I’ve found a better approach is to head over to LinkedIn and look at existing expats that are already working abroad and look at what kind of jobs they have right now. That gives us a more realistic picture of what’s going on right now and when you find something interesting, you might want to look through their background to get an idea of what landed them that job.
If you are feeling extra motivated, message some of them and ask how they got their job. Here’s an example script:
I’m considering working in Asia and I noticed you’ve been doing that for a while. I’m researching to find my dream job and I’d love to ask you two questions since you have so much more experience than I. Would that be ok?
I’m looking forward to it
And then ask the questions you are wondering about. The key is to ask questions that will offer us insights we can’t find by researching online. For example:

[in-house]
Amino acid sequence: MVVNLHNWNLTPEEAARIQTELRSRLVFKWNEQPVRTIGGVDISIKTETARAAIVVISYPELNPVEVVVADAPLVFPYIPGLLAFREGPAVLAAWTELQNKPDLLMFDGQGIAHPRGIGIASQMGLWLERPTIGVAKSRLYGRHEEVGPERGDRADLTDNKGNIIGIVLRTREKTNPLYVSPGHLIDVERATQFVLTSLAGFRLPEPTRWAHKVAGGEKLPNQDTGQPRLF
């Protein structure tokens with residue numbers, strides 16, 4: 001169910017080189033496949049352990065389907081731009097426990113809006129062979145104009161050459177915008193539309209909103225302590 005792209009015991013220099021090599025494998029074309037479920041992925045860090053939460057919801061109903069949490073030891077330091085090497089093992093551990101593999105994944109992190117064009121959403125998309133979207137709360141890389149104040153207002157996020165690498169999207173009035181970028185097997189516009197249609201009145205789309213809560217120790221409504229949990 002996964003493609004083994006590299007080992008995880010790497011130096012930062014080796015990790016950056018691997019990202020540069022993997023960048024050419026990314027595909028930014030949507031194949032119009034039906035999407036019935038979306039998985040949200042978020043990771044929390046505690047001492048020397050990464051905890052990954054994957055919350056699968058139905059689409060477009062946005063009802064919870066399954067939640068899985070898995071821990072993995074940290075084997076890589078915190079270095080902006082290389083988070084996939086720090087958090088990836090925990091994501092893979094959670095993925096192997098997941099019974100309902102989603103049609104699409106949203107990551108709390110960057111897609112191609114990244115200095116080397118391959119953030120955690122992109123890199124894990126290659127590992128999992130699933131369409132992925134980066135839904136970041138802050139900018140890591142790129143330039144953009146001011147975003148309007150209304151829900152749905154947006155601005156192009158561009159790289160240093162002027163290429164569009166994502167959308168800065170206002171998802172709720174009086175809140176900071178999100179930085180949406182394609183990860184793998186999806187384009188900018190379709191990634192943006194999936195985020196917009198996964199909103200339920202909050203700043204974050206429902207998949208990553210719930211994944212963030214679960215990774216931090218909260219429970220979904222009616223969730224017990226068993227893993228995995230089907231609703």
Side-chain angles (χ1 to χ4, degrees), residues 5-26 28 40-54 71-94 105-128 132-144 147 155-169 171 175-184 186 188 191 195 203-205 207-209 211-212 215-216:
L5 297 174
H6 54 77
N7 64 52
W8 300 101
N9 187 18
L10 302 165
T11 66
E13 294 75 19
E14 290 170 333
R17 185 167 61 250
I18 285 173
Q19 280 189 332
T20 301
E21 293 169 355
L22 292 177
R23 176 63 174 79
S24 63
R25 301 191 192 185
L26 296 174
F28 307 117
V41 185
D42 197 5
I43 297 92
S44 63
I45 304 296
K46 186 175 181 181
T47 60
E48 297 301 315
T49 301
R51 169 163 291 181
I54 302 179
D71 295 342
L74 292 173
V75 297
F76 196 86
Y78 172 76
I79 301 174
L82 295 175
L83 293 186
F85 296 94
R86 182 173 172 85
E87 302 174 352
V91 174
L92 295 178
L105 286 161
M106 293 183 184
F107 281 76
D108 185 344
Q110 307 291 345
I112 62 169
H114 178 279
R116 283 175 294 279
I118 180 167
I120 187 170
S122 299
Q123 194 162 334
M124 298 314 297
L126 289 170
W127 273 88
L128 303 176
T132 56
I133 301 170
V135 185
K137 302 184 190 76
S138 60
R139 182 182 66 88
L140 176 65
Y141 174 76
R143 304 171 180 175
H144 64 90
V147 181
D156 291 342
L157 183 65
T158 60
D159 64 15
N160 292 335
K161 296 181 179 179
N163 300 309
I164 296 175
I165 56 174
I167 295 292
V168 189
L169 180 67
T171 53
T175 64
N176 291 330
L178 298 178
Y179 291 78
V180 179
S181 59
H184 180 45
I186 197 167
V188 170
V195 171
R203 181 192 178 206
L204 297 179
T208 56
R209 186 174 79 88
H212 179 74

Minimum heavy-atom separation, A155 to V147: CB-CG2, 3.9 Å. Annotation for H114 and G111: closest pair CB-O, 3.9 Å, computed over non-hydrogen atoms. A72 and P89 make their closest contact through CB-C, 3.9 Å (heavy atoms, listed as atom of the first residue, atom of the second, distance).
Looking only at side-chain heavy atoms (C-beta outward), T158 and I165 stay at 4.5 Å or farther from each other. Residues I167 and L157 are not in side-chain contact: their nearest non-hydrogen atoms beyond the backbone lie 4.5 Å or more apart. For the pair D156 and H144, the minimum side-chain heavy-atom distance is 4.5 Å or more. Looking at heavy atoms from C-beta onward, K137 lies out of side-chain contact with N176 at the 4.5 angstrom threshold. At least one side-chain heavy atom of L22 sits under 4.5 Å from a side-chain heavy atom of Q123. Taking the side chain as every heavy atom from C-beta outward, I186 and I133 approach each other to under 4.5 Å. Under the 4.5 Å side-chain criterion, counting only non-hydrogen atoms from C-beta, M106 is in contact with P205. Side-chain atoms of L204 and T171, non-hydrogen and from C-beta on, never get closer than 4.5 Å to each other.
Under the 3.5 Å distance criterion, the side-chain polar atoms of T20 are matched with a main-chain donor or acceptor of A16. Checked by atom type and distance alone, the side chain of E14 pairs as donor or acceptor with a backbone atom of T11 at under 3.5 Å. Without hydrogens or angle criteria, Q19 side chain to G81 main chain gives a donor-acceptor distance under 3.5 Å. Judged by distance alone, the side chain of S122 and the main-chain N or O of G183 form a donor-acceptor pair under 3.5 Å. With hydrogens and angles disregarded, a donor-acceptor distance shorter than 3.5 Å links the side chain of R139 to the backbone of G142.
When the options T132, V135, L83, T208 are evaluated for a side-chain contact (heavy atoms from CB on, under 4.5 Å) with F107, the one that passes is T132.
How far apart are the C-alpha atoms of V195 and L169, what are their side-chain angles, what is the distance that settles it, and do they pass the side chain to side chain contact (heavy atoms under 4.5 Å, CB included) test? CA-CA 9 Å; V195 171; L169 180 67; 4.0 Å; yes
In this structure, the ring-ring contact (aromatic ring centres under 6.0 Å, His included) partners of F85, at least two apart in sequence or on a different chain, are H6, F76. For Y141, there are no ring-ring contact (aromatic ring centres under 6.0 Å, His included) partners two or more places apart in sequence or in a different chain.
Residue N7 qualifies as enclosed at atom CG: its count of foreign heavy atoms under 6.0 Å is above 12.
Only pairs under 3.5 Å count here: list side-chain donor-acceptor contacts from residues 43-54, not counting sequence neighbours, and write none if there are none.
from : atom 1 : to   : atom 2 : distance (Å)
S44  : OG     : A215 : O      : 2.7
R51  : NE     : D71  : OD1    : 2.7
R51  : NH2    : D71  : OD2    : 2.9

- Were you hired abroad and relocated or were you already in the country when you landed the job? Do you think it makes a difference?
- What do you think had the biggest impact on you landing the job?
- Besides X, what do you like about working at Y company (or country)?
- How did you discover the job you have now? Did you find it on a job site and if so, which one?
I can’t believe I have to say this but we have to remember to thank people who helped us. Too many people ask for someone’s time and then don’t thank them for going out of their way to help. It’s a surefire way to guarantee they won’t help us again.